Employee Engagement in the Contact Center | Job Satisfaction as a Proxy for Employee Engagement
There is no universal definition of employee engagement, yet everyone seems to know what it means. How can this be? Although the term has not been rigorously defined, there seems to be universal agreement that employee engagement and employee job satisfaction are highly correlated. In fact, many who write on the topic of employee engagement simply conflate the two terms, and treat employee engagement and employee job satisfaction as one and the same thing. But they are not the same thing. Employee engagement is a complex set of behaviors driven by numerous contact center practices that can be hard to quantify. These include employee recognition, wellness, personal growth, team huddles, and relationship with peers. Employee job satisfaction, by contrast, is a metric that by definition is quantifiable.
Assuming that conventional wisdom is correct, and that agent job satisfaction is a strong proxy for employee engagement, I will focus in this article on the metric of agent job satisfaction and the underlying drivers of job satisfaction.
Agent Job Satisfaction Defined
Agent Job Satisfaction is the percentage of agents in the contact center that are either satisfied or very satisfied with their job. It is typically measured annually or semi-annually using an agent satisfaction survey (sample here). Unfortunately, fewer than 30% of all contact centers track agent job satisfaction. When I ask clients why they don’t track this metric, the answer is usually the same: it’s too difficult to measure, or the metric just isn’t that important. On both counts, they are wrong. Here’s why…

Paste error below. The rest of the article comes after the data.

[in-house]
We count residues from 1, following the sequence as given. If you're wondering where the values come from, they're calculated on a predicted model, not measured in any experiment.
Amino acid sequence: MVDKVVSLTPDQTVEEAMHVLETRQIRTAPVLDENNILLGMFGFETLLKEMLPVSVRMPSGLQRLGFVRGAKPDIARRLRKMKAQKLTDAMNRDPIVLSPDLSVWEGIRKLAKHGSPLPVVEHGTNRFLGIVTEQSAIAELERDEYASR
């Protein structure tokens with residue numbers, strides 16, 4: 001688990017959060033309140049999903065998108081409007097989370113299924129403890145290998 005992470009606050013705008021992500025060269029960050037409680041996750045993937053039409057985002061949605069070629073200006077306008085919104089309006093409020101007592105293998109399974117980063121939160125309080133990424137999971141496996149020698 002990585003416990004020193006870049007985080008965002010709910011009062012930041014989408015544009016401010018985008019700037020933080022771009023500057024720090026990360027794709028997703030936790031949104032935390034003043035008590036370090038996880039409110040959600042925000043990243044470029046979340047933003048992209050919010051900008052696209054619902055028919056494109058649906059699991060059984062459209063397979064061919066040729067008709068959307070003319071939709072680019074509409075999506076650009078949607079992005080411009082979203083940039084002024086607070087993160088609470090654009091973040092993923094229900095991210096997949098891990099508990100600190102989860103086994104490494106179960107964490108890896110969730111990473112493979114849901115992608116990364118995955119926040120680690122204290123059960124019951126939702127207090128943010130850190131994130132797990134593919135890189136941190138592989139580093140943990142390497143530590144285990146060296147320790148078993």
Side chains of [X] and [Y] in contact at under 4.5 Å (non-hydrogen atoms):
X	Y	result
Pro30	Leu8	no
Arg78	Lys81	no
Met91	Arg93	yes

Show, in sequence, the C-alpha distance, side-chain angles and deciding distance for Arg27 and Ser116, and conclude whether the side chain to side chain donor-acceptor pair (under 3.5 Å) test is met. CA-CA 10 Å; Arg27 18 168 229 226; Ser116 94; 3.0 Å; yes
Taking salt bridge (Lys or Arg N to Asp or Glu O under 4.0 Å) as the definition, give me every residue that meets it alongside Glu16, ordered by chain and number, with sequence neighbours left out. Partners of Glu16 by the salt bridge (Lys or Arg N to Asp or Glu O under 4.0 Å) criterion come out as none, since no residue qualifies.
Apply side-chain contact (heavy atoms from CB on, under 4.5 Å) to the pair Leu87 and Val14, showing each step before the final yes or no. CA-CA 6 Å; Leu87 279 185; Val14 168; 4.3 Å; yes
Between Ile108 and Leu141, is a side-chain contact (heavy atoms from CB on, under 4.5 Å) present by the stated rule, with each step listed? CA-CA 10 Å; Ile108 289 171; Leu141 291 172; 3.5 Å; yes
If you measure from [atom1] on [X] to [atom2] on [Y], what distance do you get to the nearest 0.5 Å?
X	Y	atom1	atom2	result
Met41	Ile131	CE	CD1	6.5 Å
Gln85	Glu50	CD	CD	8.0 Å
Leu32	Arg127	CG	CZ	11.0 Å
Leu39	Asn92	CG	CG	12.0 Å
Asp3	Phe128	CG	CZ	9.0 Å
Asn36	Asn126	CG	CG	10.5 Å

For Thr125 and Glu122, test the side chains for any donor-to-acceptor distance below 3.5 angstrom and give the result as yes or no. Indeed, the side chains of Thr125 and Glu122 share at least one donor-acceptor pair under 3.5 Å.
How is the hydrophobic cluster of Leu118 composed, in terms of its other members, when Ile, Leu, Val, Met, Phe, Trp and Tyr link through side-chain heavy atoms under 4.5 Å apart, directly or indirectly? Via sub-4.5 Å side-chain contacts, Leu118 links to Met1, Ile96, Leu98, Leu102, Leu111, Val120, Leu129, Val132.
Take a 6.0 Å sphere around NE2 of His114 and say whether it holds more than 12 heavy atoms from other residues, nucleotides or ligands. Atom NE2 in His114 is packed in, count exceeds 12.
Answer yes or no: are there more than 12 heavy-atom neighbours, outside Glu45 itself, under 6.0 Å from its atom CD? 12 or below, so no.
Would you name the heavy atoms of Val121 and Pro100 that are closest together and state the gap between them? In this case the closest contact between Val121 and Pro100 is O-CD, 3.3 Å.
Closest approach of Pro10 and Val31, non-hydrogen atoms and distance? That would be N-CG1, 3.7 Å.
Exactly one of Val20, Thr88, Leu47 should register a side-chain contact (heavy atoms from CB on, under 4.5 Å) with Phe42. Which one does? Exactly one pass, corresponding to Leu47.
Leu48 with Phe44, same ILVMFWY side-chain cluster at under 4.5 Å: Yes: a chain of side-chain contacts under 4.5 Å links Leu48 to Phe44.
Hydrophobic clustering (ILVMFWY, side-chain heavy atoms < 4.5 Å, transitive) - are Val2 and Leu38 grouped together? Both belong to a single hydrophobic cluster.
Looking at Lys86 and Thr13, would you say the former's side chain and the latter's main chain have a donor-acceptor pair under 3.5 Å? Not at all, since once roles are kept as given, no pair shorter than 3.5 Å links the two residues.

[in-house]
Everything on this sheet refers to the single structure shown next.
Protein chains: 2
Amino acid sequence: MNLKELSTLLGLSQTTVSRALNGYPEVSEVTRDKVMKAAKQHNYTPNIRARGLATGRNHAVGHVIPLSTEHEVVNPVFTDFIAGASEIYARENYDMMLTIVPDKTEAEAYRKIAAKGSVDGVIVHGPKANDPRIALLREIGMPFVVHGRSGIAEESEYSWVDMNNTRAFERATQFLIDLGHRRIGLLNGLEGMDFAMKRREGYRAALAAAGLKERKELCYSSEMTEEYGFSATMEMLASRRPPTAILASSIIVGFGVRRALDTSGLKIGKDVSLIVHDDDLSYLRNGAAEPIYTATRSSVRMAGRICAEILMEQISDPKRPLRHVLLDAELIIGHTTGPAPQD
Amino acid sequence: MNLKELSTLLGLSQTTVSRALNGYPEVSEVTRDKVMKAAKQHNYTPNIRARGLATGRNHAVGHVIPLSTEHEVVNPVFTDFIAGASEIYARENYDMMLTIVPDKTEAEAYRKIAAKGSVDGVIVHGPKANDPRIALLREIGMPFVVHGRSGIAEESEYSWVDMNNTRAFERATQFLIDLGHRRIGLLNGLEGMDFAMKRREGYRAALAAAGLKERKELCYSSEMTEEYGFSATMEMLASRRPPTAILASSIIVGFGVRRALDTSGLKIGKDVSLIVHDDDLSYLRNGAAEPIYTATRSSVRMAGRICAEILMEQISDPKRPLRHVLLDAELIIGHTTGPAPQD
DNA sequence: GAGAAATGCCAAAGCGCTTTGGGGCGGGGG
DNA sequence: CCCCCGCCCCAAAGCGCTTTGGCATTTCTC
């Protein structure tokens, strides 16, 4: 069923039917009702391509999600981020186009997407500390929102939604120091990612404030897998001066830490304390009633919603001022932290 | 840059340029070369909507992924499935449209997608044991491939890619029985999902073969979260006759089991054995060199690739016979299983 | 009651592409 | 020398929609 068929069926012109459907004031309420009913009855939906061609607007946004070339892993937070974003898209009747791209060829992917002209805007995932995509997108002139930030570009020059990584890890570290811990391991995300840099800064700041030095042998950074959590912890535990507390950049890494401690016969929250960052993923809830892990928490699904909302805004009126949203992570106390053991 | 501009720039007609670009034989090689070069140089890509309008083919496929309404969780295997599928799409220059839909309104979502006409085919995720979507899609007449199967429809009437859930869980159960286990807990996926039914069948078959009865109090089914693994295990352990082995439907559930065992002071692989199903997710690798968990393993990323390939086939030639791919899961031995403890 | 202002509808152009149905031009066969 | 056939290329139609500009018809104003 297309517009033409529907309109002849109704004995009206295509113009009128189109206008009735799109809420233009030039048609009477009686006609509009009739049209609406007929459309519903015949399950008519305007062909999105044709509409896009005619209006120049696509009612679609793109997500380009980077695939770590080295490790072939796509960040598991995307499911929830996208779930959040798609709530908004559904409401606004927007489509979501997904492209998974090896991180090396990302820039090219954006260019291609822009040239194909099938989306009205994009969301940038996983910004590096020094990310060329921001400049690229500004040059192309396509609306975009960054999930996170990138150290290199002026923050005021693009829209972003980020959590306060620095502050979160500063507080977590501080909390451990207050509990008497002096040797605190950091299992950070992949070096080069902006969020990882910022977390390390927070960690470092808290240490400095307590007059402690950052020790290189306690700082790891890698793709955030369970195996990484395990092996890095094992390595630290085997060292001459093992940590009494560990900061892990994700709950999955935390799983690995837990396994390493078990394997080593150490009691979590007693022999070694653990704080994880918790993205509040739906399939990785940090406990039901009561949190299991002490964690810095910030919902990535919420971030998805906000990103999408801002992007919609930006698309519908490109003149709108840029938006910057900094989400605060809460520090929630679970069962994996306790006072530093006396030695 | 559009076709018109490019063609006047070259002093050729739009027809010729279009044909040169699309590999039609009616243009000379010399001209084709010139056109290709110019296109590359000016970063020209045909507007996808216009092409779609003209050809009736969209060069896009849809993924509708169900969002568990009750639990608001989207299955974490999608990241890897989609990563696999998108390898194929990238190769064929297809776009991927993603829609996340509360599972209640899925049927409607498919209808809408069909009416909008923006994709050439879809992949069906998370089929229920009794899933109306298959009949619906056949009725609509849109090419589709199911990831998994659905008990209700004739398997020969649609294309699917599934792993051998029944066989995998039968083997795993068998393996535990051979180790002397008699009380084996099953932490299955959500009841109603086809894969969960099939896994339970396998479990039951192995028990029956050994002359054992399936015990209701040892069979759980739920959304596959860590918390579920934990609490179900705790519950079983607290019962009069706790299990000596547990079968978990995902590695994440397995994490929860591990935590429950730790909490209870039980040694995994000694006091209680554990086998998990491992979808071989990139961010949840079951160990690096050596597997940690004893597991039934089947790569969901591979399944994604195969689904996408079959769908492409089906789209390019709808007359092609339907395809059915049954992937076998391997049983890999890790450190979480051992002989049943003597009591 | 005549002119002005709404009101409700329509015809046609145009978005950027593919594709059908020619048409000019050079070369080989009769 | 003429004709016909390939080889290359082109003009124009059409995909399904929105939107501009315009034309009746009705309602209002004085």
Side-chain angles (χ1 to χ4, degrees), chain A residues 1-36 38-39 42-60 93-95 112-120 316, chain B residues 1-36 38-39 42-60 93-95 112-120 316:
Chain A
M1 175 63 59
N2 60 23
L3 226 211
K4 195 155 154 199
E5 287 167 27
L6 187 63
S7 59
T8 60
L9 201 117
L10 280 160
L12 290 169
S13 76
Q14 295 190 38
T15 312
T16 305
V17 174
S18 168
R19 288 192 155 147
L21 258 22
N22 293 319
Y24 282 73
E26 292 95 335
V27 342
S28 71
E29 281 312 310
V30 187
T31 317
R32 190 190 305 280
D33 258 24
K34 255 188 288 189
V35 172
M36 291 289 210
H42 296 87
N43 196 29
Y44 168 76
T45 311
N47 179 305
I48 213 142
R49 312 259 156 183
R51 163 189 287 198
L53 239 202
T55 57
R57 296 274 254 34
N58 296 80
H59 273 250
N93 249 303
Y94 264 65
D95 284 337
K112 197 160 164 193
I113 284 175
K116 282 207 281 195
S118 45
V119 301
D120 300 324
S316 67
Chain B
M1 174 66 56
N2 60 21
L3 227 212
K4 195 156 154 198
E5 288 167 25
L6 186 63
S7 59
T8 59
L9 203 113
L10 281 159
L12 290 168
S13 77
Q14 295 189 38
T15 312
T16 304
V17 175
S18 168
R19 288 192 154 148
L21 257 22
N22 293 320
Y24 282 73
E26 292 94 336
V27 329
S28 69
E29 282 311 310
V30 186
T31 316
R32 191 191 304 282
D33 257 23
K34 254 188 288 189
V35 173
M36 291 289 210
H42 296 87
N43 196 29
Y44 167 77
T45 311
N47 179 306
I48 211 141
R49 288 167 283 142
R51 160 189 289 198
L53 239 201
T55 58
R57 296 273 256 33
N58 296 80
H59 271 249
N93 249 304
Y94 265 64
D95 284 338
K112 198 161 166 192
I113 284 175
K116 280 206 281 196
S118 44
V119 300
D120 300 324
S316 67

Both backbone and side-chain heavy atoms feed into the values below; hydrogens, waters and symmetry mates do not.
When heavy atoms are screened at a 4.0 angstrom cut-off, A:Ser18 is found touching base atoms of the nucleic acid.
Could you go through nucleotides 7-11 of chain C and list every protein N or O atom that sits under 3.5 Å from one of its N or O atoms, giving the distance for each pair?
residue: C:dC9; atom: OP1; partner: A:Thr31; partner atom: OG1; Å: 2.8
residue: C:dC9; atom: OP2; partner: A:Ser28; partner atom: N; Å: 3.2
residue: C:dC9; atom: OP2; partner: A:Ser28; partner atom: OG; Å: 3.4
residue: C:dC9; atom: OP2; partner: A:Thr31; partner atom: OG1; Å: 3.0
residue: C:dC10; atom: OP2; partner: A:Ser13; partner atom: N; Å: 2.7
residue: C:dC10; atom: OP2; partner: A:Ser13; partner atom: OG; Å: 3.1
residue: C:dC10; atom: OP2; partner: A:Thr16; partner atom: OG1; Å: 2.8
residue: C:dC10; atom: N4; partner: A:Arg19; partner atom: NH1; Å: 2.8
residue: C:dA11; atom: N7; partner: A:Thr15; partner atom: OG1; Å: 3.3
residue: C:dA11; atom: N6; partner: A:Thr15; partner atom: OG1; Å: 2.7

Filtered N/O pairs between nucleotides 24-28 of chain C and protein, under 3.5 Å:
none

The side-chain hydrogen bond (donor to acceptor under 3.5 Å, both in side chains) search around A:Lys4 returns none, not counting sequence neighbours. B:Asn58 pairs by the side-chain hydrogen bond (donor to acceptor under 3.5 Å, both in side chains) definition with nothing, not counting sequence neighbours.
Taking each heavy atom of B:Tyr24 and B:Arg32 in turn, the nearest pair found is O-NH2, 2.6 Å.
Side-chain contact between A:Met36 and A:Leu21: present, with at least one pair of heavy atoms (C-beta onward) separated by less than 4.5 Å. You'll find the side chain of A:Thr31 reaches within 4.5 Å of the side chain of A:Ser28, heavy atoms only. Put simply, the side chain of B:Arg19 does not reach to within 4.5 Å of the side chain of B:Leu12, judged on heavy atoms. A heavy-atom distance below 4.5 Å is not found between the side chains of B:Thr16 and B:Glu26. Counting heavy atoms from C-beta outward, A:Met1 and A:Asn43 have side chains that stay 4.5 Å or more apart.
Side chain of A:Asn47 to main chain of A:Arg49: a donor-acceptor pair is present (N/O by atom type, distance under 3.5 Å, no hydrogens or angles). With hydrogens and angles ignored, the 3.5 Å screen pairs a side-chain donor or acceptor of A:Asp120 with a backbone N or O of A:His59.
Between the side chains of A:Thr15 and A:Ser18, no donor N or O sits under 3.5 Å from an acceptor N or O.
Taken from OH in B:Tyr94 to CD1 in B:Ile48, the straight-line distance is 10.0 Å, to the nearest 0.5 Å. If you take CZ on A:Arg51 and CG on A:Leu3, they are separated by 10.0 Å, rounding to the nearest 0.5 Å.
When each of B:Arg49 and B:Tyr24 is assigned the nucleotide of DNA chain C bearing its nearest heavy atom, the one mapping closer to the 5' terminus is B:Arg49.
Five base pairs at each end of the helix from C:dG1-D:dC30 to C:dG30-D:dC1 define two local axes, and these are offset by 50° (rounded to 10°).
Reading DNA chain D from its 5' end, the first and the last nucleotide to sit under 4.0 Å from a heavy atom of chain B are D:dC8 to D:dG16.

Why it’s Important
Agent Job Satisfaction is a bellwether metric that impacts many other metrics in the contact center. It is positively correlated with customer satisfaction, and negatively correlated with absenteeism and turnover, meaning that absenteeism and turnover go down as agent job satisfaction goes up. It turns out that the old adage “happy agent equals happy customer” is not just a cliché; it can be demonstrated empirically! Figures 1, 2, and 3 below show these correlations using data from MetricNet’s contact center benchmarking database.
Figure 1: Agent Job Satisfaction vs. Customer Satisfaction
Figure 2: Agent Job Satisfaction vs. Annual Agent Turnover
Figure 3: Agent Job Satisfaction vs. Daily Agent Absenteeism
So, why do we care about these correlations? Two reasons. First, they are not just spurious correlations; they are cause-and-effect relationships. Agent job satisfaction (along with first contact resolution rate) drives customer satisfaction; it drives agent turnover; and it drives agent absenteeism. More importantly, if we can control agent job satisfaction (which we can), then we can drive positive improvements in customer satisfaction, turnover, and absenteeism.